1975 LN Mishra assassination case: SC permits grandson to assist HC in hearing of appeals of convicts

The Supreme Court has permitted the grandson of former railways minister L N Mishra, who was killed in a blast at Bihar’s Samastipur Railway Station over 48 years ago, to assist the Delhi High Court in final hearing of appeals of convicts in the murder case.

Vaibhav Mishra, the grandson of the deceased leader who is also a lawyer, moved the top court challenging the February 7 order of the Delhi High Court dismissing his plea for a direction to the CBI to conduct “fair investigation” and “re-investigation”.

Alleging that the probe was botched up, Mishra sought a re-probe on grounds, including that the real culprits were discharged leading to “travesty of justice”.

The veteran Congress leader and senior cabinet minister had received fatal injuries in grenade blasts at Samastipur where he had gone for inauguration of Broad Gauge Line on January 2, 1975.

He was shifted for treatment from Samastipur to Danapur where he succumbed to injuries in the morning of January 3, 1975. Apart from Mishra, then MLC Surya Narayan Jha and Ram Kishore Prasad Singh, a railway clerk, had also died in the blasts.

A bench comprising Justices Surya Kant and Dipankar Datta took note of the submissions of Mishra and refused to entertain the plea for re-probe into the case. It, however, allowed him to assist the Delhi High Court.

“After arguing the case for some time, learned counsel for the petitioner seeks and is permitted to withdraw this petition with liberty to assist the division bench of Delhi High Court at the time of final hearing of the criminal appeals filed by the convicts, in accordance with law,” the bench said.

“The special leave petition is dismissed as withdrawn with liberty as aforesaid,” the bench said in its order passed on October 13. Earlier, the high court, on February 7, refused to grant the relief sought.

“Considering the nature of the relief sought in these proceedings; considering that the incident in question dates back to 02.01.1975; and the fact that criminal appeals arising from that trial are pending before a division bench of this court, in the opinion of this court, no relief can be granted in the present petition,” the high court had said.

Mishra had filed two petitions in the high court in the case. In 2021, the first petition was filed in the high court seeking a direction to the CBI to consider his representation of November 5, 2020 for re-investigation.

The high court had allowed Mishra to give a representation to the CBI which responded to him on September 15, 2021.

“In response of your representation dated 04.11.2020 for the subject cited, it is to inform that the representation has been examined and after examination of the representation it has found that the appeal is pending before the Hon’ble Delhi High Court against the order of conviction in the instant case. Therefore, it is not legally permissible to conduct reinvestigation in the matter,” the probe agency said.

Mishra filed a separate petition in 2023 seeking further or re-investigation in the case which was disposed of on February 7. It has been alleged that the probe in the case was botched up.

“The petitioner (Mishra) herein got concrete information/evidence of a botch-up in the investigation by respondent No.1 (CBI) in the assassination of the petitioner’s grandfather case after getting access of the trial court records which show that certain people namely Arun Kumar Mishra and Arun Kumar Thakur were arrested initially in the case on February 8, 1975 and their confessions dated February 21, 1975 were recorded before the magistrate under section 164 CrPC in criminal case …in Samastipur. This showed that the culpability of the present accused is in question,” the plea filed in SC said.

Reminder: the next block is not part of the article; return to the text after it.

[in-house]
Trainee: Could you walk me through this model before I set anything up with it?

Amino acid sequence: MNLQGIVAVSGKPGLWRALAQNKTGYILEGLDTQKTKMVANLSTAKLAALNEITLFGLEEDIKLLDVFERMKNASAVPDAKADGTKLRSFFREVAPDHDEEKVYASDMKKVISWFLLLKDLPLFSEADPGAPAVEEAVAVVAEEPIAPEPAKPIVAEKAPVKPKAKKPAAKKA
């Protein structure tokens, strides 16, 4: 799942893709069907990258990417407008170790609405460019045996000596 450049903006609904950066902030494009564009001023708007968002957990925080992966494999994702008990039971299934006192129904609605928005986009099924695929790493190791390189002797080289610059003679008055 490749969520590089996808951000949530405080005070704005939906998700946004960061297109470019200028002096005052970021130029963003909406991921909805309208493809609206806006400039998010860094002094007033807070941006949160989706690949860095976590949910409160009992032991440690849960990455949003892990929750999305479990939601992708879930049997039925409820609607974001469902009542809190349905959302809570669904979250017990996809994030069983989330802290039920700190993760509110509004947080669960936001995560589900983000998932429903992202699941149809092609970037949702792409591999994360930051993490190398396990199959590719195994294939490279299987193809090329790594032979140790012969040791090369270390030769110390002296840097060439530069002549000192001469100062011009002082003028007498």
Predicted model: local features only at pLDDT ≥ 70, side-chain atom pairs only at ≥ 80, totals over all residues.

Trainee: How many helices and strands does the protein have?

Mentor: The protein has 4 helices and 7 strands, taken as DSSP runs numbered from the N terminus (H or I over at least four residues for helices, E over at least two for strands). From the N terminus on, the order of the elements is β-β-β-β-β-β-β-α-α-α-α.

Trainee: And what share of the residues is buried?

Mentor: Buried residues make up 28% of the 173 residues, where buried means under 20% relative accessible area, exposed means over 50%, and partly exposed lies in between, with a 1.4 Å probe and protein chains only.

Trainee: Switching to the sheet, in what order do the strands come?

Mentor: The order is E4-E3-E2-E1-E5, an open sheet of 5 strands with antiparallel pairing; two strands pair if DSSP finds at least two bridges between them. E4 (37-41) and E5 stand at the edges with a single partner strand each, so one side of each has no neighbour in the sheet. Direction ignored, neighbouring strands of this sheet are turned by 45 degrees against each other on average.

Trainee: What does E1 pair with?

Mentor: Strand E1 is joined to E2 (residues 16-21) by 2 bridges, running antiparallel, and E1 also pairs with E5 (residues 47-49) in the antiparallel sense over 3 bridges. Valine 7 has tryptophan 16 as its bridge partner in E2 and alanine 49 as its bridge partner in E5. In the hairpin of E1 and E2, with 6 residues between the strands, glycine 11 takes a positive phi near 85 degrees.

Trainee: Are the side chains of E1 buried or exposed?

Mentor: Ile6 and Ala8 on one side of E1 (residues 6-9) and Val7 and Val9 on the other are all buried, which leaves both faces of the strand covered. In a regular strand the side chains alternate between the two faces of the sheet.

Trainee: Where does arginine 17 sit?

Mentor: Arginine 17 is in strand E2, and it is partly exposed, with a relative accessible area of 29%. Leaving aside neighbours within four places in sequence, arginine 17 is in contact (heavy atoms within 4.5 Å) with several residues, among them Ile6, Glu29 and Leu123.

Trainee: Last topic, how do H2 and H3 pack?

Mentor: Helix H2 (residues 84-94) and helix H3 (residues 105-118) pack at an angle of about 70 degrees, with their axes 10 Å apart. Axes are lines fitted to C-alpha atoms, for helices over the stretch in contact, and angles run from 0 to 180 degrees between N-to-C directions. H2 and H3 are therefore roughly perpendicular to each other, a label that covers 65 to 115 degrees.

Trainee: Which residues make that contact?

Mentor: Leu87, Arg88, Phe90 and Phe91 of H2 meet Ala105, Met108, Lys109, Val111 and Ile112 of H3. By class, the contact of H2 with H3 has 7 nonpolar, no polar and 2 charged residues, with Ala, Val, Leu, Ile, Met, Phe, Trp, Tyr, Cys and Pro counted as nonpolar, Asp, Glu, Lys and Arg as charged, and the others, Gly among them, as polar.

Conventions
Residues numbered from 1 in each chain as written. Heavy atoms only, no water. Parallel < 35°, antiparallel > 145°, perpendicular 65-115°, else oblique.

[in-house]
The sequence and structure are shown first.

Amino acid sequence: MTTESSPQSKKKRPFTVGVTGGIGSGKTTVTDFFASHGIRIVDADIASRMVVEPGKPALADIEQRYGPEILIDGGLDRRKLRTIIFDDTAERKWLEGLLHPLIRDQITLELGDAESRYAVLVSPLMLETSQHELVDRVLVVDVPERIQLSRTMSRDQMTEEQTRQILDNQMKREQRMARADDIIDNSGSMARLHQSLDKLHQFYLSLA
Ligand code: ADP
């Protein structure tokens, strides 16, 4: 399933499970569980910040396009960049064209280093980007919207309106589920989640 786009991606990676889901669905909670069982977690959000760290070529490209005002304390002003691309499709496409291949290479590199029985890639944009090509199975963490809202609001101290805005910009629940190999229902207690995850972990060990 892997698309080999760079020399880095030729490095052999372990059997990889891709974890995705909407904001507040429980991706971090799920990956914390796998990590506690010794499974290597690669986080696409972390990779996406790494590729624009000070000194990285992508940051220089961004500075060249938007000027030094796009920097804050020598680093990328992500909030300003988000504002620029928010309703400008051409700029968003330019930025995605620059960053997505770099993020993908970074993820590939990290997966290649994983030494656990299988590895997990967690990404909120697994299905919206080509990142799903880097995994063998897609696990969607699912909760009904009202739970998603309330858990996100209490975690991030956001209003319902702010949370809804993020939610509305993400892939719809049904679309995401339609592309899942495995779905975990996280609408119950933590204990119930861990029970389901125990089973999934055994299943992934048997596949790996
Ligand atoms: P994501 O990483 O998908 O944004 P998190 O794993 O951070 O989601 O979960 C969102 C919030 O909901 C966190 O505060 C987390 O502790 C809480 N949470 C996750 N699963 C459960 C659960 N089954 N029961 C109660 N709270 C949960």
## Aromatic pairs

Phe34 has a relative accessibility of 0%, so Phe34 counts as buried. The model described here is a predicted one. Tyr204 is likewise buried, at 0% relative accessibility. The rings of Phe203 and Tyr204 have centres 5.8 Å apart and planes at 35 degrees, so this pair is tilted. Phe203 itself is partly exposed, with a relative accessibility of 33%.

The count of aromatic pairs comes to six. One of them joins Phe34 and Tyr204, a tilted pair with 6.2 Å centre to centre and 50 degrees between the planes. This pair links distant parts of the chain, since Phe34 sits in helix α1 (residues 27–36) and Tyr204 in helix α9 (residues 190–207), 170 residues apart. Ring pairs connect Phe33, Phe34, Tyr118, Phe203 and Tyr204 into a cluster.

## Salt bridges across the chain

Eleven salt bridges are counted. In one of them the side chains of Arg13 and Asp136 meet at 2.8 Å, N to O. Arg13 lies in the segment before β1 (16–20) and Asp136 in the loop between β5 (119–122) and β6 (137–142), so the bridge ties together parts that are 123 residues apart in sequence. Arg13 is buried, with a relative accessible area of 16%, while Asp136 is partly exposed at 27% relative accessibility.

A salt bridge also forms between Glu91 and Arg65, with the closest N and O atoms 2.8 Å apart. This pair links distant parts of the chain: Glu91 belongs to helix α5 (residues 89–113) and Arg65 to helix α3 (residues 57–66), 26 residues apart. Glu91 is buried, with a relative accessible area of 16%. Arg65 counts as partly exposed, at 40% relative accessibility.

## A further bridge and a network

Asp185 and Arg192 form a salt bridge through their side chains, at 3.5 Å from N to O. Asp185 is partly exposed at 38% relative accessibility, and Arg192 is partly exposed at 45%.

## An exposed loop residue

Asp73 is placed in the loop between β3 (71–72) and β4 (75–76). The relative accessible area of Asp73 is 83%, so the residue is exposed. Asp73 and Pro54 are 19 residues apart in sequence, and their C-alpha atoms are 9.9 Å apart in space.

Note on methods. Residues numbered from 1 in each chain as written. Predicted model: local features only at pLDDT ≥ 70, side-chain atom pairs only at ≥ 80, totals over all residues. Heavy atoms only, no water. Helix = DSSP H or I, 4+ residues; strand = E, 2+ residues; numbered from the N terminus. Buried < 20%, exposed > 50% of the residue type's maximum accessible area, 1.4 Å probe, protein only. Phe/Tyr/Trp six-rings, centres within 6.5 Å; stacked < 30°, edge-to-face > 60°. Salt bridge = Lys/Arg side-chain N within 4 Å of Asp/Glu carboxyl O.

Initially the arrested people are “someone else and the accused shown later are someone else”, the plea submitted.

Three ‘Ananda Margis’ and an advocate were sentenced to life imprisonment in December 2014 by a trial court here for the killing of the former railway minister.

The trial court had held that the terror act was aimed at pressuring the then Indira Gandhi government to release the group’s jailed chief.

The convicts had filed an appeal before the high court in 2015 challenging the trial court’s verdict convicting and sentencing them and they were granted bail. The appeal is still pending in the high court.

The trial court had held three ‘Ananda Margis’ — Santoshanand, Sudevanand and Gopalji — and advocate Ranjan Dwivedi guilty of murdering Mishra and two others and had also directed the Bihar government to pay Rs 5 lakh each to the legal heirs of Mishra and two other victims who had died in the blast on January 2, 1975, just few months before the proclamation of Emergency.

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It had also asked the state government to pay a compensation of Rs 1.5 lakh each to the family members of seven people who had sustained grievous injuries and Rs 50,000 each to the kin of 20 others who had suffered simple injuries in the incident.

The court had held that the conspiracy to eliminate the targets was hatched in a meeting in 1973 at a village in Bihar’s Bhagalpur district, attended by six ‘Ananda Margis’.

The four convicts, who were out on bail during the trial and were taken into custody after conviction, were later granted bail by the high court.

Apart from them, accused Ram Nagina Prasad and Ram Rup were discharged by the court in January 1981 and Arteshanand Avadhoot died in 2004 during the pendency of the case.

Two others, Visheshwaranand and Vikram, were granted pardon after they turned approvers.

The case was transferred from Bihar to Delhi on the directions of the Supreme Court.

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